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Spain’s Catalonian crisis is a microcosm of the general European crisis. Almost every country in the EU is now embroiled in struggles over identity, authority and sovereignty. Border anxiety grips the Continent; the establishment lacks respect, while the populists who denounce it lack respectability. Respect and respectability are different things, but both are important to the stability of a nation state. The truth is dawning on Europeans that they can have a continental union with ultimate sovereignty over its members — that is, a United States (or more likely Federal Republic) of Europe — or they can have a Europe des patries, a confederation of fully sovereign nation states, but they cannot have both. They must choose, just as Britain chose. Soon, they will be presented with fully worked-out proposals from the Commission for much more extensive integration than anything seen before. The mainstream parties may decide to go along with these proposals, as they have usually done before, but in doing so they will forfeit the respect of those who still value their independence. The populist movements will resist, but thereby confirm their lack of respectability in the eyes of the establishment. Once, however, the populists take power in one European country after another, they will seek to transform the respect their defiance has gained them among the people into the respectability they lack.

In The Remains of the Day, the novel that probably won Kazuo Ishiguro the Nobel Prize for Literature, the narrator is Mr Stevens, a “gentleman’s gentleman” and sometime butler to the late Lord Darlington. Looking back to the 1930s, he recalls a certain young man, John Cardinal, warning him against his former master’s role as a mediator between Nazi Germany and Britain, “the single most useful pawn Herr Hitler has had in this country for his propaganda tricks”. The butler bridles at the suggestion that his master is a bungling amateur, hopelessly out of his depth: “I’m sorry, sir, but I cannot see that his lordship is doing anything other than that which is highest and noblest. He is doing what he can, after all, to ensure that peace will continue to prevail in Europe.” When The Remains of the Day was published in 1989, readers would have enjoyed its irony, realising that the pursuit of peace at any price would end badly. Yet Robert Harris has just published another novel, Munich, in which Neville Chamberlain emerges as the hero. Appeasement is again the order of the day in Europe. From Moscow to Tehran, from Beijing to Damascus, autocrats crave appeasement. They have allies among populists and elites, nationalists and federalists. Peace is the imperative, with or more likely without honour.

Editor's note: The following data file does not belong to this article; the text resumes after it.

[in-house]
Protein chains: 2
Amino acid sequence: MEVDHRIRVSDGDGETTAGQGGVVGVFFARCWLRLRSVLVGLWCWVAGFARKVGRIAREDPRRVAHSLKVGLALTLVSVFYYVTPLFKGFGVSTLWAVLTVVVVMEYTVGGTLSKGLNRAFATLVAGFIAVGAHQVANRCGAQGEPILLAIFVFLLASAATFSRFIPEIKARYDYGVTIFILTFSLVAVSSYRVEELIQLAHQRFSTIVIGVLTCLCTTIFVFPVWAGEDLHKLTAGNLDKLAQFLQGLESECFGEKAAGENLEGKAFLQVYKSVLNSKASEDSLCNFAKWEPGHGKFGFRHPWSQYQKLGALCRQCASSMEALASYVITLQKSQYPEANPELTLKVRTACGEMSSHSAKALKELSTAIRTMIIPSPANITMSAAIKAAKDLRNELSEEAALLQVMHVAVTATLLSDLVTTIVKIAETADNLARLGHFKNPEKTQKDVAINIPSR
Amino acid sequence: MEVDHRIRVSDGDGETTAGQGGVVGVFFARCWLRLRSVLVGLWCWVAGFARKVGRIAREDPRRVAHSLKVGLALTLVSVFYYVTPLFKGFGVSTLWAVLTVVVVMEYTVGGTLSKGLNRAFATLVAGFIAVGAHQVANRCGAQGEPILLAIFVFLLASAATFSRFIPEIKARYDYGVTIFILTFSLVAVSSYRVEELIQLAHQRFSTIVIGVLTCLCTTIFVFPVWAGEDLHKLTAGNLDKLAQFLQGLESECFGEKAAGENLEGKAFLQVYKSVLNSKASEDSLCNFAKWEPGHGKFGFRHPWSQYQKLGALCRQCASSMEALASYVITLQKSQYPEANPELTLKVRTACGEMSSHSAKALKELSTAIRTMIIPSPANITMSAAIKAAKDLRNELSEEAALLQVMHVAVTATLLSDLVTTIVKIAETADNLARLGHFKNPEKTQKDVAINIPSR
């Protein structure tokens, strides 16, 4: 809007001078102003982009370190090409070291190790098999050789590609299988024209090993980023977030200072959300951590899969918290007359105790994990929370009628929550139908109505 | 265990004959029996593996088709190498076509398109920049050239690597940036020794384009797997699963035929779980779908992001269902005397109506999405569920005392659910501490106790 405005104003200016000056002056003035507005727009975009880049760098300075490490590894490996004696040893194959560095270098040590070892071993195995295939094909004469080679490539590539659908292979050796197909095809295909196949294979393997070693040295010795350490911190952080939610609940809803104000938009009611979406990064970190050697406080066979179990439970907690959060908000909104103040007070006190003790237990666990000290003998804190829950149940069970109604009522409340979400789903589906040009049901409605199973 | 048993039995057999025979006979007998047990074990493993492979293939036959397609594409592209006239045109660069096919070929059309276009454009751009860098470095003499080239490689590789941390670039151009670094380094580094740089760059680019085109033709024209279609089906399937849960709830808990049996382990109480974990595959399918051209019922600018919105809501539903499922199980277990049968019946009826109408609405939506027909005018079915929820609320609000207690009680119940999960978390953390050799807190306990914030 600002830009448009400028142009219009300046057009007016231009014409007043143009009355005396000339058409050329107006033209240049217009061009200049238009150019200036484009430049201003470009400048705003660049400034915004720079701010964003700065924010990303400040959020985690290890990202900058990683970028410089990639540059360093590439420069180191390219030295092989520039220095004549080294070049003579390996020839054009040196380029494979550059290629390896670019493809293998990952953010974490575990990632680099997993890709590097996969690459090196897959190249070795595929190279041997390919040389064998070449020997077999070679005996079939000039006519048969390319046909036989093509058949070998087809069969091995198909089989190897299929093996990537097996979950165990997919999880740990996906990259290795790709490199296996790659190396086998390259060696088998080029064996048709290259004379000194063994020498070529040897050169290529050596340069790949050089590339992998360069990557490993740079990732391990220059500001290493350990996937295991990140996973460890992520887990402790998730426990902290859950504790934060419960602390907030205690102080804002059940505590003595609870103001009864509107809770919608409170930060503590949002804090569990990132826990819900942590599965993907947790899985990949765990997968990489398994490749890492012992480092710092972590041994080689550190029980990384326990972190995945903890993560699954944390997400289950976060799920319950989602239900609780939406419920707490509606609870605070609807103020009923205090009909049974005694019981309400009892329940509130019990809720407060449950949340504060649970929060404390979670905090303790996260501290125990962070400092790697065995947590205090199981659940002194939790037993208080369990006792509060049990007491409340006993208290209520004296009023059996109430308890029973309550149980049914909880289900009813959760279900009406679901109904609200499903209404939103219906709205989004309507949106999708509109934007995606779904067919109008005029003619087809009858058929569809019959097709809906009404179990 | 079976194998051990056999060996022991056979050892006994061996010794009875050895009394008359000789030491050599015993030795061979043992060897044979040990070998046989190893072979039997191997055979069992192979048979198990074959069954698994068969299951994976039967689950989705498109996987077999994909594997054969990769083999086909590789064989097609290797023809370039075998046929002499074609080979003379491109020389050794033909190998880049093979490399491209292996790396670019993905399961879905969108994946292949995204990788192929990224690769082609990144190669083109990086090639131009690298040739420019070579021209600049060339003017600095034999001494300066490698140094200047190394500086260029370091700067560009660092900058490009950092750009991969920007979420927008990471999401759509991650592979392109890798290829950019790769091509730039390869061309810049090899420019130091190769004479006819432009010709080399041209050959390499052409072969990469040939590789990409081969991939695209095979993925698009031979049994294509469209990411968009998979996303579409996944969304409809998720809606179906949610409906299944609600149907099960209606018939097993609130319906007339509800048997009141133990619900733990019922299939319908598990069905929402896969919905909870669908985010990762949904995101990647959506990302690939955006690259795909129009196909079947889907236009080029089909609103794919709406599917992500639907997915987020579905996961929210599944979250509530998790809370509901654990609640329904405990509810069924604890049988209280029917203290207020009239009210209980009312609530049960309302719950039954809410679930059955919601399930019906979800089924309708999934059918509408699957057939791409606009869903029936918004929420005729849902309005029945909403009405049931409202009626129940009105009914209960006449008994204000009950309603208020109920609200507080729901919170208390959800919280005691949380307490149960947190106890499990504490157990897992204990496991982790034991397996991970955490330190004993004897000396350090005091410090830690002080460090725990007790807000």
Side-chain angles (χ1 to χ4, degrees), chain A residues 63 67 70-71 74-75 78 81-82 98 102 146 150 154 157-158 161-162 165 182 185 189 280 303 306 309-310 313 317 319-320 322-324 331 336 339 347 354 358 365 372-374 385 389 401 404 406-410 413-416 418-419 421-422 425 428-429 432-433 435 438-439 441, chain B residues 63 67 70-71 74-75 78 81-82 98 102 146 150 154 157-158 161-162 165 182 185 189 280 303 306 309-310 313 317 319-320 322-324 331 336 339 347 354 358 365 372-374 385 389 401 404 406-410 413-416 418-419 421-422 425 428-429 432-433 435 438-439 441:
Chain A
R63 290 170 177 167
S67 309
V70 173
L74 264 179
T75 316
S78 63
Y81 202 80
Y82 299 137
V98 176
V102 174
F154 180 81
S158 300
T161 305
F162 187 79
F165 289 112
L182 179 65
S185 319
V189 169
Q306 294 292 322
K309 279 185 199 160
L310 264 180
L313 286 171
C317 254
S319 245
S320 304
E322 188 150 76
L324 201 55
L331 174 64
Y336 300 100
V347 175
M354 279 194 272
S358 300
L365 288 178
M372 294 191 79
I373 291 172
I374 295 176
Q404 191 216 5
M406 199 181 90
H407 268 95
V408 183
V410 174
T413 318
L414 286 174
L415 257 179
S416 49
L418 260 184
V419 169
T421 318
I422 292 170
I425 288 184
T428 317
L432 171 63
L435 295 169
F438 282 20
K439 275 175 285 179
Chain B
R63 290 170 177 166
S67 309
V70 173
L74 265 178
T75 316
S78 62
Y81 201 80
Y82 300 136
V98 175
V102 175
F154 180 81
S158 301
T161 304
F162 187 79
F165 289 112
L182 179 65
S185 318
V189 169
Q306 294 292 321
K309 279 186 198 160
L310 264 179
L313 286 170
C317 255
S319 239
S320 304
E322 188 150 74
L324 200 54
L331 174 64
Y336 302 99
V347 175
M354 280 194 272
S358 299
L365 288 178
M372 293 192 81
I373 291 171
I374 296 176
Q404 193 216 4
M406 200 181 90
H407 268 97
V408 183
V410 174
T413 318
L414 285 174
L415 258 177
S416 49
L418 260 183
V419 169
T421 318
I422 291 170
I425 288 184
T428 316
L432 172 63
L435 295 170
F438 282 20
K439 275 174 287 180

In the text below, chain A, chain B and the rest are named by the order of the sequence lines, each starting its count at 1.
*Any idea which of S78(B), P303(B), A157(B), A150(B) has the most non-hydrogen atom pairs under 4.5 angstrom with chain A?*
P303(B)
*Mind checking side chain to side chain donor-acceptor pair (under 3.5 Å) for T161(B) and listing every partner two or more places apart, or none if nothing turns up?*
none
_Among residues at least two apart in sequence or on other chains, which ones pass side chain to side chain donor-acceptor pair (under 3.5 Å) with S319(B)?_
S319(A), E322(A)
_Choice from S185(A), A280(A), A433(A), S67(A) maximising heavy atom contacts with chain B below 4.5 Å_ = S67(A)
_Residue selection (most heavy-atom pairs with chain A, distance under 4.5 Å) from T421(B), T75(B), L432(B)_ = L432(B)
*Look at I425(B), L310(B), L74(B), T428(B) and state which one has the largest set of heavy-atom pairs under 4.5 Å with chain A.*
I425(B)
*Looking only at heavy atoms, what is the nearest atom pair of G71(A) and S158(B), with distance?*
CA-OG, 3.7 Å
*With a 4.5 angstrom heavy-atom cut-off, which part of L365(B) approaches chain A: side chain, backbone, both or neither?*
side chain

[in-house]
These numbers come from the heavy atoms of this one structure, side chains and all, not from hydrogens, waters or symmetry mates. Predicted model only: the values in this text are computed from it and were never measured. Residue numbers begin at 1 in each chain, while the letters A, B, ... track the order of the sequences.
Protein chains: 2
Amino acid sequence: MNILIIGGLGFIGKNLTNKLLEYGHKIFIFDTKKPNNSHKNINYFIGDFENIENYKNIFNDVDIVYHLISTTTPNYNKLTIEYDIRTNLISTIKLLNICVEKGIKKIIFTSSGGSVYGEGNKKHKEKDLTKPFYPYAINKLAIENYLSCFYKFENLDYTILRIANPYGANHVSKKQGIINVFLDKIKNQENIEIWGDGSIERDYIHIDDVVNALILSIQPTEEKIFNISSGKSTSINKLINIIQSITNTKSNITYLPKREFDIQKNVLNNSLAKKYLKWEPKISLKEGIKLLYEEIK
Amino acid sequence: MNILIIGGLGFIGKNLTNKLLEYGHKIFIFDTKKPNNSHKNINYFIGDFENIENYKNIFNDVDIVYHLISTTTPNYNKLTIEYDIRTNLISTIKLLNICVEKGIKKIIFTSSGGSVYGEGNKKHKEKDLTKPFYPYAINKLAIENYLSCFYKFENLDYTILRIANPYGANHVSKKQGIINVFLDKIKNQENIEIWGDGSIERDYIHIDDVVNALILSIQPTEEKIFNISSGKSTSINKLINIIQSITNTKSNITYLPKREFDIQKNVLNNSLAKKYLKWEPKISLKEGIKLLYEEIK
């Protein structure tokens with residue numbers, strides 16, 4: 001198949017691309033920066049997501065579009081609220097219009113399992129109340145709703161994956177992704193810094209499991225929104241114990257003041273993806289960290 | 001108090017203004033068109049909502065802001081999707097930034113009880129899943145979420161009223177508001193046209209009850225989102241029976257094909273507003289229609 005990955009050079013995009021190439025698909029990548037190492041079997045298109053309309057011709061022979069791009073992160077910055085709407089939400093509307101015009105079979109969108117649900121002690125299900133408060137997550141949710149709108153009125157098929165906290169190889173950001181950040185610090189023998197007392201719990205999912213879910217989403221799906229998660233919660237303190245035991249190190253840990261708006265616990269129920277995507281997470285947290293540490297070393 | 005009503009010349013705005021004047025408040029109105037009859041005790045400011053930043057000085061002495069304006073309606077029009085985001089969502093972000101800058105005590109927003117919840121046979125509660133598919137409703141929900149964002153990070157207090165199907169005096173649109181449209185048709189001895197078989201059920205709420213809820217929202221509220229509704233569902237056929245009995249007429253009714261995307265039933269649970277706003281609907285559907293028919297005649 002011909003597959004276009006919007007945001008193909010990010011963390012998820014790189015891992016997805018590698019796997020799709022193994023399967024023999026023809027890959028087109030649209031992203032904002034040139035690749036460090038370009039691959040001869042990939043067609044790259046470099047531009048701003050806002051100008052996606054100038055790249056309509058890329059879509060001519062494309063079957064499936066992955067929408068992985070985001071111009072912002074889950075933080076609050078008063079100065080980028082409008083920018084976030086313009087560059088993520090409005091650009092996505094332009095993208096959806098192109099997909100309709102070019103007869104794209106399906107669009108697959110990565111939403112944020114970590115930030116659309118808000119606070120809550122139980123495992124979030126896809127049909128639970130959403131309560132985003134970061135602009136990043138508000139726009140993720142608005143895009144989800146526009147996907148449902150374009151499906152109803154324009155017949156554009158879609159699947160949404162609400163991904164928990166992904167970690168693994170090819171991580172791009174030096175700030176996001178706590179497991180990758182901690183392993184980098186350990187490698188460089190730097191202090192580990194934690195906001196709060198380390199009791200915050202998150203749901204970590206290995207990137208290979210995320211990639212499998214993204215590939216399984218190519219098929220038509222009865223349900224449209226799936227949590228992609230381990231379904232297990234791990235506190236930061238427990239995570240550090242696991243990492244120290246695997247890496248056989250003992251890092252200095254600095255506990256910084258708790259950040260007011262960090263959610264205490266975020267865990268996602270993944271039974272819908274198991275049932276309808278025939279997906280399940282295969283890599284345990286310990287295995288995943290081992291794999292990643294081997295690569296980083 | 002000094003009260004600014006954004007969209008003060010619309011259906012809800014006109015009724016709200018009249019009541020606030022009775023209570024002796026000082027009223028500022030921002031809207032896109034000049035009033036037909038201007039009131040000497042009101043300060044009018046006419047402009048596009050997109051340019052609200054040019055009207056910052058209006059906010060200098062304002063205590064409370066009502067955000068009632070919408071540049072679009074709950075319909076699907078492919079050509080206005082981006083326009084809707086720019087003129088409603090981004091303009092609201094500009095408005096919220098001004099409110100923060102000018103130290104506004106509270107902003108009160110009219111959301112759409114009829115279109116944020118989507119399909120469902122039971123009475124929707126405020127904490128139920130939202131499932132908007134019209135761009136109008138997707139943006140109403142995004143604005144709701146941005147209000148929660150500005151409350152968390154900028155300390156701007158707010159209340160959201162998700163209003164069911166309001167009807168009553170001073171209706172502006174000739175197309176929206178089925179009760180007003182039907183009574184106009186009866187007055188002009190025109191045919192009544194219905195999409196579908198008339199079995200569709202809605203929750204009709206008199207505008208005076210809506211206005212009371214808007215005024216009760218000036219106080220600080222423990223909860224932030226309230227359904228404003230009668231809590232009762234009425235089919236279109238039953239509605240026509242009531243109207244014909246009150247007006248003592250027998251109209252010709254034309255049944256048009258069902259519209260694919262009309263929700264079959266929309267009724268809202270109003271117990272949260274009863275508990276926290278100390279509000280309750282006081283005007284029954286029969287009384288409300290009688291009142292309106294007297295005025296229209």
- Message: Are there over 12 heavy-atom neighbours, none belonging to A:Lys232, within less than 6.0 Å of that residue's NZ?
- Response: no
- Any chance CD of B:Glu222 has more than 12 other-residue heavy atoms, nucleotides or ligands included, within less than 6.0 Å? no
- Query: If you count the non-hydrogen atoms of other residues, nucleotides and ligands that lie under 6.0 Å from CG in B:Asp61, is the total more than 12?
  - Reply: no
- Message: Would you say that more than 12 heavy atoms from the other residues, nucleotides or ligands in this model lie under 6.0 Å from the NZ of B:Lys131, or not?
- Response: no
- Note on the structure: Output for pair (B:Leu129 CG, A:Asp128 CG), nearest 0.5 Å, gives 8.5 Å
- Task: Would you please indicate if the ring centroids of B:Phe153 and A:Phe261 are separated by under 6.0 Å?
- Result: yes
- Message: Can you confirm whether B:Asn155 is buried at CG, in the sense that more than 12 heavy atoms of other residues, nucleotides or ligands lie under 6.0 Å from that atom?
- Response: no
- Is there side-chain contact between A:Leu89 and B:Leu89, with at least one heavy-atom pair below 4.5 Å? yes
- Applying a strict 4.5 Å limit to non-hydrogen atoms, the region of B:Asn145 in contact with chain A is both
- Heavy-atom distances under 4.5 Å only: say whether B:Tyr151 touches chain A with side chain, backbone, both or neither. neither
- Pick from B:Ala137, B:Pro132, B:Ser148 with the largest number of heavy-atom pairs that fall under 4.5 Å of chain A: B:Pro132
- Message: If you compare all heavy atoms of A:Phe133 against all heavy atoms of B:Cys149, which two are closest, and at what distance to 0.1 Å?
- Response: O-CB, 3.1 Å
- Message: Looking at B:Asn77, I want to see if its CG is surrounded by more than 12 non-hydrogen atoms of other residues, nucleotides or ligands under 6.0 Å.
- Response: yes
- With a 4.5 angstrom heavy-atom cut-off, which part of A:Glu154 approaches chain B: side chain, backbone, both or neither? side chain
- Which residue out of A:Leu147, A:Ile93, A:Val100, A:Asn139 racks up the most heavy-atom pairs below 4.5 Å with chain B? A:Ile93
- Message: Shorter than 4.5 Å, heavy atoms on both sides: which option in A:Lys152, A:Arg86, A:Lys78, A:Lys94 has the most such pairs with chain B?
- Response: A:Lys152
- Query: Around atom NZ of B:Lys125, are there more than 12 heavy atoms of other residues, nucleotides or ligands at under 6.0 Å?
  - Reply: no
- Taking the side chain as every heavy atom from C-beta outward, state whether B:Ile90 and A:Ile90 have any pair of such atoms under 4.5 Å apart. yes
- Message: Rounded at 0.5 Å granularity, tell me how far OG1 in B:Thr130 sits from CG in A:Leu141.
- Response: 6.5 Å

Once again, the victims are the Jews. The anti-Semites too seek respectability and they are achieving it by hook or by crook. The decline of national sovereignty in Europe has allowed Israel, the only Jewish nation state, to be portrayed as a threat to peace. Europe as such is doing little or nothing to resist the return of anti-Semitism, but its member states are little better and in some cases worse. Fear of Islam, at home and abroad, plays a large part in the betrayal of Israel and the Diaspora. But so too does the loss of any confidence in Western civilisation and the values on which it is based. Israel is the front line of that civilisation, but Europeans are no longer willing to die for the sake of ideas in which they no longer believe. Hence, for the fifth time in a century — after two world wars, the Cold War and the War on Terror — Europe must turn to the United States for leadership on the question of national sovereignty. It is anathema to Europeans — and indeed many Americans — to look for any kind of leadership from the Trump administration. Indeed, when a senior Republican senator can openly refer to the White House as “an adult day care centre” and accuse the President of setting the nation “on the path to World War III”, it is clear that the prestige of this presidency has been severely undermined. Yet there is only one leader in the world today who is setting out the case for national sovereignty: Donald Trump.

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